It’s advantage Verstappen in the title battle.
Verstappen had secured pole position in an exciting battle during qualifying on Saturday, but was beaten off the line by the seven-time world champion starting next to him. The Dutchman ran car number 44 to the very edge of the track, with plenty of heartbeats rising amid visions of the pair coming together once again when they reached the first corner.
They successfully navigated it, however, with Hamilton emerging in front.
It quickly became apparent that it would not be a comfortable day at the front for the Briton, with his rival able to follow comfortably within one second throughout the first stint – denied only from passing by the prodigious straight-line speed of the Mercedes.
Red Bull therefore chose to go for an aggressively early undercut on lap 10. With the Austrian team for once having a two-on-one advantage, thanks to Sergio Pérez in third, Hamilton was unable to go long and pitted three laps later, rejoining eight seconds behind Verstappen.
The two drivers endured a stint of pace management in the middle of the race but, when Verstappen pitted for a second time, with his team wary of Hamilton having worked his way to undercut territory, the pair had opened up a sufficient gap to Pérez that Hamilton was this time able to extend.
He eventually pitted on lap 37, eight laps after his rival, and set about closing down a nine-second gap in 19 laps.
After a period of gently bringing in the tyres, Hamilton put his foot down and the gap began to reduce rapidly, with the 400,000-strong crowd realising they were going to see the winner decided in the final few laps.
Hamilton got to within two seconds but his progress then stalled, as is often the case, when his car hit the dirty air of the leading Red Bull. The Silver Arrows’ inability to follow another car is a real weakness – one which was not overly exposed during the previous two seasons at the front, but it is now costing them in a tight championship battle.
The World Champion finally broke into the DRS window on the final lap but it was too late and Verstappen came home to complete a measured drive under intense pressure and extend his championship lead to 12 points.
Pérez held on to take the final step of the podium – the Mexican finding some form at the perfect time for his team – ahead of the excellent Charles Leclerc, who started and finished an impressive fourth.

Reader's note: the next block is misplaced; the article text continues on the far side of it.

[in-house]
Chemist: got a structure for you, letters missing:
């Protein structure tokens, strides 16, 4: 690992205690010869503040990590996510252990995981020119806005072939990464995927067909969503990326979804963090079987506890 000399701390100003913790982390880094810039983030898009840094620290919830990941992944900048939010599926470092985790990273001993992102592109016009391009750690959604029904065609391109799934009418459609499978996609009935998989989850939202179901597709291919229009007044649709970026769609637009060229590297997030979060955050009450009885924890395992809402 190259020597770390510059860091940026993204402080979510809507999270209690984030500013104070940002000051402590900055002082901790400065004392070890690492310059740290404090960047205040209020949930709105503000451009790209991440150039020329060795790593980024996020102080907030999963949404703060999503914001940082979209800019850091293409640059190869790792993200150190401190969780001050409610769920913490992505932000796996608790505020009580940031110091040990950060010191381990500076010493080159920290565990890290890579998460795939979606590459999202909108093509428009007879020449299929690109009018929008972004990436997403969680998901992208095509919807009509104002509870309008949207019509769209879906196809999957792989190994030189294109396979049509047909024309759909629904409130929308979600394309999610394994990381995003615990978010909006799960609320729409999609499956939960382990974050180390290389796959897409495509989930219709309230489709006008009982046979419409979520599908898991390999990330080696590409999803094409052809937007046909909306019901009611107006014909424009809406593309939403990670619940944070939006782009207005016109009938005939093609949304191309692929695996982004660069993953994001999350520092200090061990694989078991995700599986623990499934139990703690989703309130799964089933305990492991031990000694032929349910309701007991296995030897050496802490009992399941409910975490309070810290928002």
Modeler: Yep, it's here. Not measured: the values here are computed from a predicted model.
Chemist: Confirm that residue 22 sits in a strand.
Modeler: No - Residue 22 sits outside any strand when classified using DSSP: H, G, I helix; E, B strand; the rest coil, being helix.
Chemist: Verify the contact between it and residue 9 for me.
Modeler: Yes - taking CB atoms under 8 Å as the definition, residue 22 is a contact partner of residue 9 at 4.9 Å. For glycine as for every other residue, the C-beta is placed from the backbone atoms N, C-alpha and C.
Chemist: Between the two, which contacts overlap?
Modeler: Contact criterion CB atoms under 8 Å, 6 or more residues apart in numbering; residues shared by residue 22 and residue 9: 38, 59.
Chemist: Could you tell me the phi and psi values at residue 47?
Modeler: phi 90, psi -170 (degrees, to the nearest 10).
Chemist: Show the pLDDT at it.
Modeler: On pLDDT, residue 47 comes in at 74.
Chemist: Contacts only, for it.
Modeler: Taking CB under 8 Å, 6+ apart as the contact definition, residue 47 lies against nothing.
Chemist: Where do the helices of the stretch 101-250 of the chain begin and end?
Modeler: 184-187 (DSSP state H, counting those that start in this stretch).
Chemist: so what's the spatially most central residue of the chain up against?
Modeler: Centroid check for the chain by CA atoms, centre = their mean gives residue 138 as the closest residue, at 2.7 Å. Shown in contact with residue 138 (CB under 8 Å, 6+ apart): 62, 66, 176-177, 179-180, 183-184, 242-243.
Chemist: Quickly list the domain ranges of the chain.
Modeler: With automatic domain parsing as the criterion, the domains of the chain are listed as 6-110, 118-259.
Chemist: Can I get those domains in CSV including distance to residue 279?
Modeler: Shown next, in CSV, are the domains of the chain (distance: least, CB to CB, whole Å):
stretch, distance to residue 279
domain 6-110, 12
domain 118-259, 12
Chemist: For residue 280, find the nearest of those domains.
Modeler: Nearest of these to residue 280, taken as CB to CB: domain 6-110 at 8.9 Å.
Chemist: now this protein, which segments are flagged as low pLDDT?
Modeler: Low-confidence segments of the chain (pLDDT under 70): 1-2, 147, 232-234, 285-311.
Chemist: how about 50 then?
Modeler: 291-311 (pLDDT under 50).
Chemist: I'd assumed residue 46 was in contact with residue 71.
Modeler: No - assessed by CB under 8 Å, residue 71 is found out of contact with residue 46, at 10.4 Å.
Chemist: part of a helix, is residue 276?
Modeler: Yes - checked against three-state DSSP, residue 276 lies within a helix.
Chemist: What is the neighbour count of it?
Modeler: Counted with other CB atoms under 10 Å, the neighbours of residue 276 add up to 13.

Valtteri Bottas recovered from yet another engine penalty to finish sixth, behind Daniel Ricciardo on a stronger weekend for the Honey Badger – and one where he also fulfilled his dream of driving Dale Earnhardt Sr’s NASCAR stock car – with Carlos Sainz and Lando Norris finishing seventh and eighth as the gap between McLaren and Ferrari reduced to just 3.5 points in their battle for third in the Constructors’ Championship.
Further down the road, Fernando Alonso showed he has lost none of his fire – nor his penchant for double standards – during a battle with the Alfa Romeos. First, accusing old foe Kimi Räikkönen of passing off the track, after he had forced him there, and then complaining of hypocrisy when he outbraked himself at the end of the back straight and stayed ahead of Antonio Giovinazzi by not really taking the corner.
This led to an entertaining snippet of radio with Alpine Sporting Director Alan Permane dealing out a healthy dose of passive-aggressive sarcasm to Michael Masi.
Just think of all the gold we have missed in past years before these team radio broadcasts were introduced.
A Decisive Blow in the Title Battle?
COTA always looked likely to be a track that would suit both the leading teams evenly and produce a closely fought battle.
The next two races, however, look very much like Red Bull tracks.
The thin air at the high altitude of Mexico City’s Autódromo Hermanos Rodríguez has hampered the Mercedes engine since it returned to the calendar in 2015. Verstappen took back-to-back victories in 2017 and 2018 in a comparatively far-weaker Red Bull and Hamilton’s victory at the last running in 2019 was down to some tyre-whispering mastery and a questionable Ferrari strategy.
Red Bull have also historically been strong at the Brazilian Grand Prix – which follows seven days later as part of a triple-header also featuring the maiden Qatar Grand Prix – with Verstappen winning at the last race, also in 2019.
But if the flying Dutchman and his team come good on their potential at those two events, they could well be more than a win’s worth of points ahead of Hamilton with just three races remaining.
Answering the Burning Questions
Will Mercedes or Red Bull be on top around COTA? It was close but Red Bull appeared to have a slight edge.
Can Ferrari continue their good form and close the gap to McLaren in the Constructors’ Championship? They can – getting mighty close now!
Will there be any major announcements over the weekend? Nope, although rumours around the Andretti takeover of Sauber are building momentum.
Return back to News
Return back to Home